For those of you who don’t follow football (the real one), Leicester City won the 2015/16 Premier League title in one of the most remarkable underdog triumphs in sporting history. This was the club’s first championship in their 132-year history.
In fact, Leicester City were 5,000/1 to win the Premier League last August.
That was 10 times more unlikely than finding the Loch Ness Monster, and almost thrice as unlikely to find flying pigs.
As expected, Twitter exploded after the win.
This had a ripple effect on the entire internet’s performance in the UK. On average, sites took twice as long to load during this period of mayhem.
The gambling sites, apart from losing money on the incredible odds, also lost big on performance; webpage response times jumped by almost 25 seconds on some cases.
Analyzing this bloodbath led us to the usual suspects: third-party content, specifically Twitter.
Below is the general snapshot of the performance of most Twitter URLs on webpages.
Hence every website that had Twitter integrated and loading it before Document Complete saw a spike in their Document Complete times by almost three times, some increasing even up to five times. Contrasting that with websites loading Twitter after Document Complete, the impact of Twitter on these websites is clear.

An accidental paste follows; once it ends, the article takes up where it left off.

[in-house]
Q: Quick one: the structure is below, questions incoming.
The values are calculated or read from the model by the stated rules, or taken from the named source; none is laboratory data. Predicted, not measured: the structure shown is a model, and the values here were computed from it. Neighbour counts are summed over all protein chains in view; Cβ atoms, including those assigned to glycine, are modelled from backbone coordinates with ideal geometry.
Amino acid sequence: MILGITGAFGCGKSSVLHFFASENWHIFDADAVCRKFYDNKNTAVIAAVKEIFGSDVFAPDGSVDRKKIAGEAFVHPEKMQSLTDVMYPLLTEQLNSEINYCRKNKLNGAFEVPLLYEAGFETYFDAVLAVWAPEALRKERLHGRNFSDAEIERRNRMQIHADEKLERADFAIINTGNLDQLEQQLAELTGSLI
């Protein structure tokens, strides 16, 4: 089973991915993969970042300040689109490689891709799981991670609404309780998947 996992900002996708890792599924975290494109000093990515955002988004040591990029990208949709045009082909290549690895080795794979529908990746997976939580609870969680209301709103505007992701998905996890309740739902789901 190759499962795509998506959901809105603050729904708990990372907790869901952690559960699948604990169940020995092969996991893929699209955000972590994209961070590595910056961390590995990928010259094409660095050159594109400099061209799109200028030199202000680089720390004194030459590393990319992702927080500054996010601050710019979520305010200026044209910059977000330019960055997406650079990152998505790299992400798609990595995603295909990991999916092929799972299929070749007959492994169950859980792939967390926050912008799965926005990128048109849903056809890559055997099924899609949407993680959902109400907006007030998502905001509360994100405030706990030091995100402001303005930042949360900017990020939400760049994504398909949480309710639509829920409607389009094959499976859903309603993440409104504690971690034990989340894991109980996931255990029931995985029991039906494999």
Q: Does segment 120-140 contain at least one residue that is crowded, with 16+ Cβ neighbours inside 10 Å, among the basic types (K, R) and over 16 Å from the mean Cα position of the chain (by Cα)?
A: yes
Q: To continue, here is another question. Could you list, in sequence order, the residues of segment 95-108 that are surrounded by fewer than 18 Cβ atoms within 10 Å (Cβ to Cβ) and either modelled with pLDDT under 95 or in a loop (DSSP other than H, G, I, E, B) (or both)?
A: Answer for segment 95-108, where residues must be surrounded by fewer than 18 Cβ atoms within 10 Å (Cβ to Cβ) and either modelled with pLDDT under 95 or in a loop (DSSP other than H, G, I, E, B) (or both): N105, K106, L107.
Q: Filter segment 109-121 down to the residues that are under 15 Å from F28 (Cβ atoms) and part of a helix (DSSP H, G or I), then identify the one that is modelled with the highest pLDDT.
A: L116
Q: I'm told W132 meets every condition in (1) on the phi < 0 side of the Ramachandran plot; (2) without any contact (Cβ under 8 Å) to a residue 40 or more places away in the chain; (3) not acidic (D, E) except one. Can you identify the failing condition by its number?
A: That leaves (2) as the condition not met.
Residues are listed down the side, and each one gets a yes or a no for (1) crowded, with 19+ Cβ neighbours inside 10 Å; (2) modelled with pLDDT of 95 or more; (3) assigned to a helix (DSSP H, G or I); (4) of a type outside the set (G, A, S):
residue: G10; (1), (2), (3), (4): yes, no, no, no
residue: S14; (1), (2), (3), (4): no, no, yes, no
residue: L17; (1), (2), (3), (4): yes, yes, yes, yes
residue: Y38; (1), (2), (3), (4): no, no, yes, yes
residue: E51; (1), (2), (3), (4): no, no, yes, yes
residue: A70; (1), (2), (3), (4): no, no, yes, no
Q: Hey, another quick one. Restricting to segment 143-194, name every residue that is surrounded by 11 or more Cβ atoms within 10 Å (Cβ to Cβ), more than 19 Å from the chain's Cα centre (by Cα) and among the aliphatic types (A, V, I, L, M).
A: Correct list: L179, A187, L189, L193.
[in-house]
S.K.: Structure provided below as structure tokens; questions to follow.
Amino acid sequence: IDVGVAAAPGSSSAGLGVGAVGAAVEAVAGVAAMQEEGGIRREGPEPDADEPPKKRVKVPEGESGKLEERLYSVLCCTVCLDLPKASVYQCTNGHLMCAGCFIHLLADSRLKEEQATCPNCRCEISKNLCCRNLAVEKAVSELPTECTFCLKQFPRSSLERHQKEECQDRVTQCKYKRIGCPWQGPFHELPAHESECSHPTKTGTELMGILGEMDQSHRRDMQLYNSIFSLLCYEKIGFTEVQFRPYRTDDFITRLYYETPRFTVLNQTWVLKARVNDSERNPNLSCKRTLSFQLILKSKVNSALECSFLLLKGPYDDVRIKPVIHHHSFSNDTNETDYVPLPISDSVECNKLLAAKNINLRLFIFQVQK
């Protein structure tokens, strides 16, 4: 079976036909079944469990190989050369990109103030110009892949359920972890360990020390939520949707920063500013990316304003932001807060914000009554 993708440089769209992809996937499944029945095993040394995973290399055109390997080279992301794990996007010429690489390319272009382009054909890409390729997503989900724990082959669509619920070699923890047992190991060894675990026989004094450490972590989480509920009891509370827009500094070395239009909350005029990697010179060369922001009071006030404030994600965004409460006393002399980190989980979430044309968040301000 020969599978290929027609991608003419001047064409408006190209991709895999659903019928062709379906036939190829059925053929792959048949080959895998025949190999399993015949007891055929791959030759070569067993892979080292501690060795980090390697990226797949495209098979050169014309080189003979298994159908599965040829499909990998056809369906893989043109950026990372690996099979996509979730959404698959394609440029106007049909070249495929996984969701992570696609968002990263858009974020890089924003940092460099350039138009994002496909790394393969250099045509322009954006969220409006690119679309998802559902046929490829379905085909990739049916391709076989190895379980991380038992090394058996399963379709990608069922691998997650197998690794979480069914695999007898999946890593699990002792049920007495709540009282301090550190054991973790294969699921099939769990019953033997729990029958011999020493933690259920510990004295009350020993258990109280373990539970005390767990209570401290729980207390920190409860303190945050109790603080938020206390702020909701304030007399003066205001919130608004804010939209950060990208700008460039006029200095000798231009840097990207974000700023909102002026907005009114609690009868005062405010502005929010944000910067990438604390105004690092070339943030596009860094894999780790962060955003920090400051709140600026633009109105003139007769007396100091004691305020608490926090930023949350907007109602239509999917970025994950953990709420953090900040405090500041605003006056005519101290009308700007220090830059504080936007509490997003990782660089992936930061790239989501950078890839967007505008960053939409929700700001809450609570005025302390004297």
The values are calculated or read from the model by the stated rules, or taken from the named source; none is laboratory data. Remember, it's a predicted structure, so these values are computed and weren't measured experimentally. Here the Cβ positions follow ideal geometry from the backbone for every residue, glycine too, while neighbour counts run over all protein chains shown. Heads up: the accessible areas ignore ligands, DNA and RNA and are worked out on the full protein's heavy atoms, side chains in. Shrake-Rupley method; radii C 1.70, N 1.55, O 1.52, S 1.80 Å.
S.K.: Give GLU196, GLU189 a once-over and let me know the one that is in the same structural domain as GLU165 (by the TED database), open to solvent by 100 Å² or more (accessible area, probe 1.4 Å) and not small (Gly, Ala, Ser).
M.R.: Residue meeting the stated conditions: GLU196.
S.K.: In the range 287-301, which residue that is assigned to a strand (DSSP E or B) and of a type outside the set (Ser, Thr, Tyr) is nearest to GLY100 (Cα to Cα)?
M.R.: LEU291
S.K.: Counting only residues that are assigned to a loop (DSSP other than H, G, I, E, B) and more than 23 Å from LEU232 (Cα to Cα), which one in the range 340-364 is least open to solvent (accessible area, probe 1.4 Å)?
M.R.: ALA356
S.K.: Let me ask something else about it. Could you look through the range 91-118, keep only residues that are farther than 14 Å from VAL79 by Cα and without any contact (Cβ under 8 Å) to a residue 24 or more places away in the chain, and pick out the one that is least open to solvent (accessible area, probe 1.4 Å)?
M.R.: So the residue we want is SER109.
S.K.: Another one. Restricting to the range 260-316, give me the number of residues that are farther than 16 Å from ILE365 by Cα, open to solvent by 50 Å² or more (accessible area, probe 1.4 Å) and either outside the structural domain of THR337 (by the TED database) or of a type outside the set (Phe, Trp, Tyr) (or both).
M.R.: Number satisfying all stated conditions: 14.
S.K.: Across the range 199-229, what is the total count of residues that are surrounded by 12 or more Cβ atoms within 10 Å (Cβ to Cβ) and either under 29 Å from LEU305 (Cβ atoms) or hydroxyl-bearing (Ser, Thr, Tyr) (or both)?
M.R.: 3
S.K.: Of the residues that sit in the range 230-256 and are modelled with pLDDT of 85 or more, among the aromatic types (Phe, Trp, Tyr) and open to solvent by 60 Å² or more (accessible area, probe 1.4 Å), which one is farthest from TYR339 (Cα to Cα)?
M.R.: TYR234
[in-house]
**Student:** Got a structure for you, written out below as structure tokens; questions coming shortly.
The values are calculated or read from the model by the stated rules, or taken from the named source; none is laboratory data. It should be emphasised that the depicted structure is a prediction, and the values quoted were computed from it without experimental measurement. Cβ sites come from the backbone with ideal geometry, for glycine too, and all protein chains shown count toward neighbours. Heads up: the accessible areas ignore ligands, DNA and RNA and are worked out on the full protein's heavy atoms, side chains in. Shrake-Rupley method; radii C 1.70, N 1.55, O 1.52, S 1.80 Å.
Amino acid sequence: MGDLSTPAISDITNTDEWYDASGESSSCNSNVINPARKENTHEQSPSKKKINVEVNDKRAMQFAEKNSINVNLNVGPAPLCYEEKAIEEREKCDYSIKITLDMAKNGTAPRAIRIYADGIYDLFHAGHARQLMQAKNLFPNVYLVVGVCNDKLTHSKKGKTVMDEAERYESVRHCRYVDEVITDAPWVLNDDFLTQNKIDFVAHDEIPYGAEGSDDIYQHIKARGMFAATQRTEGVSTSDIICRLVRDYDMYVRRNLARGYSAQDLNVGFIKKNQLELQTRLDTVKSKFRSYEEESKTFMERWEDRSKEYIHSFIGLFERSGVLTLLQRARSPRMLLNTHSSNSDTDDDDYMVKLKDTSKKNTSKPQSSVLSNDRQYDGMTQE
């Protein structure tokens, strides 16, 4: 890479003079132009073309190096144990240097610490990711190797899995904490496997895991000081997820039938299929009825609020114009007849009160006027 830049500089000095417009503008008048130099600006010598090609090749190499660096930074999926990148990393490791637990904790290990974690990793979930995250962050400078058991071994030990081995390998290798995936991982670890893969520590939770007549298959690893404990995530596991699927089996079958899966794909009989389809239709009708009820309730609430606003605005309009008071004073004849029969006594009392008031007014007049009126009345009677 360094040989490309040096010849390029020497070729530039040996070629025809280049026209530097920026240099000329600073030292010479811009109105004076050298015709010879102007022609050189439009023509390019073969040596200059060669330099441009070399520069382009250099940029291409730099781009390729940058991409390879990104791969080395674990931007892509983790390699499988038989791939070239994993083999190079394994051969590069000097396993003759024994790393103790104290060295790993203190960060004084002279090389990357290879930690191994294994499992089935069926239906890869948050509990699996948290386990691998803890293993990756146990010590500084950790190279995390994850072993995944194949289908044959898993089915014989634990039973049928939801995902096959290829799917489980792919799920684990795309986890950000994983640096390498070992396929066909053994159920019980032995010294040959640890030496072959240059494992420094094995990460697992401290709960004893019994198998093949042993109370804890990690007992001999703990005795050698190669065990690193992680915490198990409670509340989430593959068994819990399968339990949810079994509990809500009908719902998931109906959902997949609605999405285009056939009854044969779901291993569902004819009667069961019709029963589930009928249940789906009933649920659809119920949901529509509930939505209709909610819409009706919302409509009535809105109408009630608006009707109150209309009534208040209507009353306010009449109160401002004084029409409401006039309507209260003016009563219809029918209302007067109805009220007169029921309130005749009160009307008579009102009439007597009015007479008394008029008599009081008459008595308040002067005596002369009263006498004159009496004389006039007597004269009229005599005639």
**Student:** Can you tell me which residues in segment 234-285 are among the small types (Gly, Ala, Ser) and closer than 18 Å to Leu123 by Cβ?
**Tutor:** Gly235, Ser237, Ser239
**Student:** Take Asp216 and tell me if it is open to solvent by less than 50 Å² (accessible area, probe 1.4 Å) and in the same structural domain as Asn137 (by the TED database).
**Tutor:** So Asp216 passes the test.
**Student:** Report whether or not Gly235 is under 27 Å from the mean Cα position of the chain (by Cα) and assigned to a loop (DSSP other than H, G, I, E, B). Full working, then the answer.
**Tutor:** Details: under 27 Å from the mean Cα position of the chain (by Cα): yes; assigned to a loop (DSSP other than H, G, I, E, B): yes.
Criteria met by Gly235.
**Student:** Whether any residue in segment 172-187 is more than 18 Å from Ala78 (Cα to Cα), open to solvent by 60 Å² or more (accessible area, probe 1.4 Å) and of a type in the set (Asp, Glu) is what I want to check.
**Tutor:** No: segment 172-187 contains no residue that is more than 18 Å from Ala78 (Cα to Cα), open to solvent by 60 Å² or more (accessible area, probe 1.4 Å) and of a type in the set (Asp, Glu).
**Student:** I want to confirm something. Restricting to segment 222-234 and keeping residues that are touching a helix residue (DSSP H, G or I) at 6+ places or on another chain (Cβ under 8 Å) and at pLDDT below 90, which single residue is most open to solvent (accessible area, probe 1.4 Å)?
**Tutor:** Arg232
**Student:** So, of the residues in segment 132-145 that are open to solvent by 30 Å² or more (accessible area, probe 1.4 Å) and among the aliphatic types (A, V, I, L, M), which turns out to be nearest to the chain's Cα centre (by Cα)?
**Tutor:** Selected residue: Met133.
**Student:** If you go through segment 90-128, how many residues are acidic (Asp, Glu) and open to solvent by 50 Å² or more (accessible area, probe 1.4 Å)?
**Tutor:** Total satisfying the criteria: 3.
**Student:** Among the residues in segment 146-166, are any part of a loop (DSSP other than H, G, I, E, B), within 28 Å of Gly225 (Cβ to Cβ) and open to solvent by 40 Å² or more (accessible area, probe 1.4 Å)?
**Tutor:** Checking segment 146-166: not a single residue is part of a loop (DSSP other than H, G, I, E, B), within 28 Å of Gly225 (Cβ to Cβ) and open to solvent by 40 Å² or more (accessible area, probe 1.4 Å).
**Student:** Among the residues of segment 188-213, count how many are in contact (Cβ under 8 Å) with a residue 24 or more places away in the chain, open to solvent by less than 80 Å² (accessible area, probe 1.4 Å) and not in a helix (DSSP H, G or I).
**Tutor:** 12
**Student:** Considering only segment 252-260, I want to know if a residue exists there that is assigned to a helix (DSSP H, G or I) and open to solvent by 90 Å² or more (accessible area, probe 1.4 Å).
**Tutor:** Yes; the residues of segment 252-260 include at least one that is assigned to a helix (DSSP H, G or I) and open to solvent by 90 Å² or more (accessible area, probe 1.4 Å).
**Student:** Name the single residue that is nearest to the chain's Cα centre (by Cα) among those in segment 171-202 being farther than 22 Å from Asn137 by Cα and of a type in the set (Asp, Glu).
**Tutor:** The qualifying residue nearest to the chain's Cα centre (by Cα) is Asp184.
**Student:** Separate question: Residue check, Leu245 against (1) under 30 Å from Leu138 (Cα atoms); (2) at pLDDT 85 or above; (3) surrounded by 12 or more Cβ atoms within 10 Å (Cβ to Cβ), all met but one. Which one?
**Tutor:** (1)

A consolidated scatterplot of the above drives home our point further: Loading third-party content before Document Complete is asking for trouble.
Social network integrations are essential to interact with users and drive marketing campaigns; but, integrating these components before your Document Complete is equivalent to placing your website’s remote control in your neighboring site. You could have the fanciest 4K television set, but without the remote control, you have no way to control it. Marketing tags are beneficial to your brand, but if your website doesn’t load, there’s nothing to promote.
Having said that, congratulations to Leicester City FC on winning the Premier League—even if they did finish 15th in our Web Performance Premier League.